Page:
California Fires Opening Shot Against Bitcoin, Threatens Felony Charges
June 24, 2013 3:53 PM
comment(s) - last by
State and federal authorities wage indirect war against cryptocurrency
the Bitcoin Foundation
-- the organization charged with promoting
the popular cryptocurrency
-- was deciding where to hold its May "
Future of Payments
" conference, it decided California seemed a natural pick. After all, the state was often known for its
and it was home to
much of America's high-tech leadership
But according to
, Californian authorities have seized the conference -- held in San Jose -- as an opportunity to come down hard on the cryptocurrency.
California's Department of Financial Institutions
sent a cease-and-desist letter for "allegedly engaging in the business of money transmission without a license or proper authorization."
CA State Cease and Desist May 30
How exactly Bitcoin ran afoul of this provision -- which is covered under federal Money Laundering Act of 1996 (
31 USC § 5330
) -- is unclear. The law states:
Any person who owns or controls a money transmitting business shall register the business (whether or not the business is licensed as a money transmitting business in any State) with the Secretary of the Treasury....
Two "speakers" engage the audience at the Future of Payments conference.
It's possible this all has to do with the
world's largest Bitcoin exchange
-- Mt. Gox -- whose partner Mutum Sigillum
U.S. Department of Homeland Security
investigation, for failing to register (under the aforementioned provisions) as a money exchanger with the
U.S. Department of Treasury
. Mutum Sigillum was operating its exchange business out of a
account (which was housed in Dwolla's financial institution partner, Veridian Credit Union), according the seizure warrant.
The issue is a serious one for Mt. Gox. If the exchange loses its American partner, it will be left without a direct route to exchange U.S. dollars to Bitcoins. And as foreign governments engage in similar crackdowns, the routes to funnel real world currency into Bitcoin dwindle.
Back to the California crackdown, the Bitcoin Foundation's leaders should already have responded to the May 30 letter, under its 20 day response period. Failure to respond can result in fines between $1,000 USD and $2,500 USD per day, plus potential prison time.
It's unclear what actions (if any) they took, but Jon Matonis, a member of the Bitcoin Foundation's Board of Directors, wrote in a commentary in
One activity that the foundation does not engage in is the owning, controlling, or conducting of money transmission business. Furthermore, that activity would also be against the original charter of the foundation. As general counsel for the Bitcoin Foundation, Patrick Murck has lead responsibility for corresponding with the California Department of Financial Institutions.
At this stage, it’s difficult to tell whether or not it was a general blanket action and if other bitcoin-related entities received cease and desist letters from California. If Bitcoin Foundation was not the only recipient, then expect other companies to come forward in the days and weeks ahead.
Federal and state governments have a couple reasons to crack down on Bitcoins. While the digital currency is not fully anonymous (due in part to loss of anonymity when spending) and formally should be taxed, it's harder in practice to track than standard currency, making it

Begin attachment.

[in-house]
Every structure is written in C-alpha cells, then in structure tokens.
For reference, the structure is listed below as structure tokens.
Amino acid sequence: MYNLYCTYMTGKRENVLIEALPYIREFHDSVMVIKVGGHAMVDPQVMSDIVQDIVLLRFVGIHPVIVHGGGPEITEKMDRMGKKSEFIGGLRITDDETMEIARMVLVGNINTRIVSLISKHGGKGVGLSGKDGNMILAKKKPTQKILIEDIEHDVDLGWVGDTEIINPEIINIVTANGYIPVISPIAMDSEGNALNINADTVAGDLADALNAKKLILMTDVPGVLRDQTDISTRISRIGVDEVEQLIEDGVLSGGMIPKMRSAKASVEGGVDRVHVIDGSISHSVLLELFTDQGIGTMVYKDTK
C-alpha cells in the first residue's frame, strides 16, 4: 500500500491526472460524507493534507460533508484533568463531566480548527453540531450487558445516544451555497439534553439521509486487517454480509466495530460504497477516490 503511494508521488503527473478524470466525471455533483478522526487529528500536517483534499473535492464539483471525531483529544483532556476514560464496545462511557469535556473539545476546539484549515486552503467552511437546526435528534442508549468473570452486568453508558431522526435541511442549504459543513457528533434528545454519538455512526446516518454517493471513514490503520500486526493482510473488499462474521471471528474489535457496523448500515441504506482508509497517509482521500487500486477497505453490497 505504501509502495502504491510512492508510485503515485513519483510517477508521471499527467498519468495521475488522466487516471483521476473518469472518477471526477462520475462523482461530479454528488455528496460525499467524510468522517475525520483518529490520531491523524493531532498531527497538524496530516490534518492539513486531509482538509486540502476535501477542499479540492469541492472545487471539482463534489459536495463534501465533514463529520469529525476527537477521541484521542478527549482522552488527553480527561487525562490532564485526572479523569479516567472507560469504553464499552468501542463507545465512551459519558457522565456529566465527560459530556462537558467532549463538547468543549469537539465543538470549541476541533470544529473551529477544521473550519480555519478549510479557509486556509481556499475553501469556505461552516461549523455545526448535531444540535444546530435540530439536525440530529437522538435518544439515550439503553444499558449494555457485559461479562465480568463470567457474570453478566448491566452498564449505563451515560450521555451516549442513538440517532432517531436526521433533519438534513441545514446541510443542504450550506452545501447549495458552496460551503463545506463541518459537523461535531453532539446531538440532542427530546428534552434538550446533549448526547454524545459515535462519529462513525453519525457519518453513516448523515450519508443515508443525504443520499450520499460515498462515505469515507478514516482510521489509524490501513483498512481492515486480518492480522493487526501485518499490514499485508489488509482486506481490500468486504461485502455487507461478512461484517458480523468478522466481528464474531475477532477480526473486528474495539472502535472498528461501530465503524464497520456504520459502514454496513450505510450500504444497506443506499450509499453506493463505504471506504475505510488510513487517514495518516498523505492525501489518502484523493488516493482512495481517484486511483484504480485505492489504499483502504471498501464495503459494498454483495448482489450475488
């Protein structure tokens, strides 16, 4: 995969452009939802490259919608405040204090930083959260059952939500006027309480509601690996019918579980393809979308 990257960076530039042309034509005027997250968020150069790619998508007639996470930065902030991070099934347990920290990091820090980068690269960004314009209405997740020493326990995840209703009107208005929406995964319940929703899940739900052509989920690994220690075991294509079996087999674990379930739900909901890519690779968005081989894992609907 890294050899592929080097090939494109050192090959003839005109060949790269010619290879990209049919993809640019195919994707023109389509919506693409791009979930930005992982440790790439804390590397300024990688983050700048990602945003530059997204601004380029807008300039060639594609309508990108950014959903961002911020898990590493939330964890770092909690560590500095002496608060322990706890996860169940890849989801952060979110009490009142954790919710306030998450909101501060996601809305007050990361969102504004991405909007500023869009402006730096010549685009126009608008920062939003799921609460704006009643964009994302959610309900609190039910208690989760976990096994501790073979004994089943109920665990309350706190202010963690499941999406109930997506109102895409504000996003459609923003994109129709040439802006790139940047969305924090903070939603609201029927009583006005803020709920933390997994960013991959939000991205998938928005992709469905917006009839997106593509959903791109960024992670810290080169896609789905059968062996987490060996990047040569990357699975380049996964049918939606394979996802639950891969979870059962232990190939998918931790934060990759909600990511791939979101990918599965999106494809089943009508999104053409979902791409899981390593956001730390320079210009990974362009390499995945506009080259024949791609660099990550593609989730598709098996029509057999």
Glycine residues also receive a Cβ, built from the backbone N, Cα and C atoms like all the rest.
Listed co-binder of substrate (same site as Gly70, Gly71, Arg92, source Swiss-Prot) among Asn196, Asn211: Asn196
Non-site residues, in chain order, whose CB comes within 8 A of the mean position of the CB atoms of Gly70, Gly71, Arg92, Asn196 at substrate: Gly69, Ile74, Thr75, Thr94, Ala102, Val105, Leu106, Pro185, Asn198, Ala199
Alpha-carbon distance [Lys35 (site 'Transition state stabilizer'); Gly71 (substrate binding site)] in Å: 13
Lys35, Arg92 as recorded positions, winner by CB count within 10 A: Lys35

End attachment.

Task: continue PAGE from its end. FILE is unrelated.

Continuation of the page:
somewhat safer to dodge taxes
or buy illegal goods. Second, Bitcoin is
outside the realm of nation-states' fiscal policy control
, hence it interferes with trade barriers and other instruments that a nation-state might wish to enact.
So far the U.S. has not passed any laws that would
make Bitcoins or other digital currencies
. But as use grows, don't be surprised to see efforts to put a more direct ban in place pop up.
Californian State Gov't [via Scribd]
This article is over a month old, voting and posting comments is disabled
6/25/2013 4:11:03 AM
I'm no expert in Californian politics, but your opinions seem to be misplaced in reference to the topic at hand. The owners of Bitcoins are exactly the "people who refuse to work".
The whole concept of this currency is to generate money by doing something utterly useless (wasting electricity), in the hopes of later exchanging this money for the produce or service of a person that is willing to do usefull work.
I understand the problems with the current system of money that the bitcoin inventors want to protest, but the Bitcoin is the worst solution imaginable. And in a perfect world, the bitcoin would never have achieved any relevant exchange rate. But of course with the total over-accumulation of money by the "1%", money will be invested in absolutely everything, no matter how absurd it is. Thus the people who now have caused a high exchange rate between bitcoin and dollar are exactly the people that have profited most from the already existing monetary system.
6/25/2013 7:52:57 AM
That may have been the origin of Bitcoin, but I doubt that it's the only holders of this "currency" now. There's been too much governmental investigation going on recently, and it wouldn't surprise me if there's been some organized crime investment into Bitcoin, most likely for money laundering purposes.
But yeah, it probably still has something to do with the fact that California can't figure out how to tax them!
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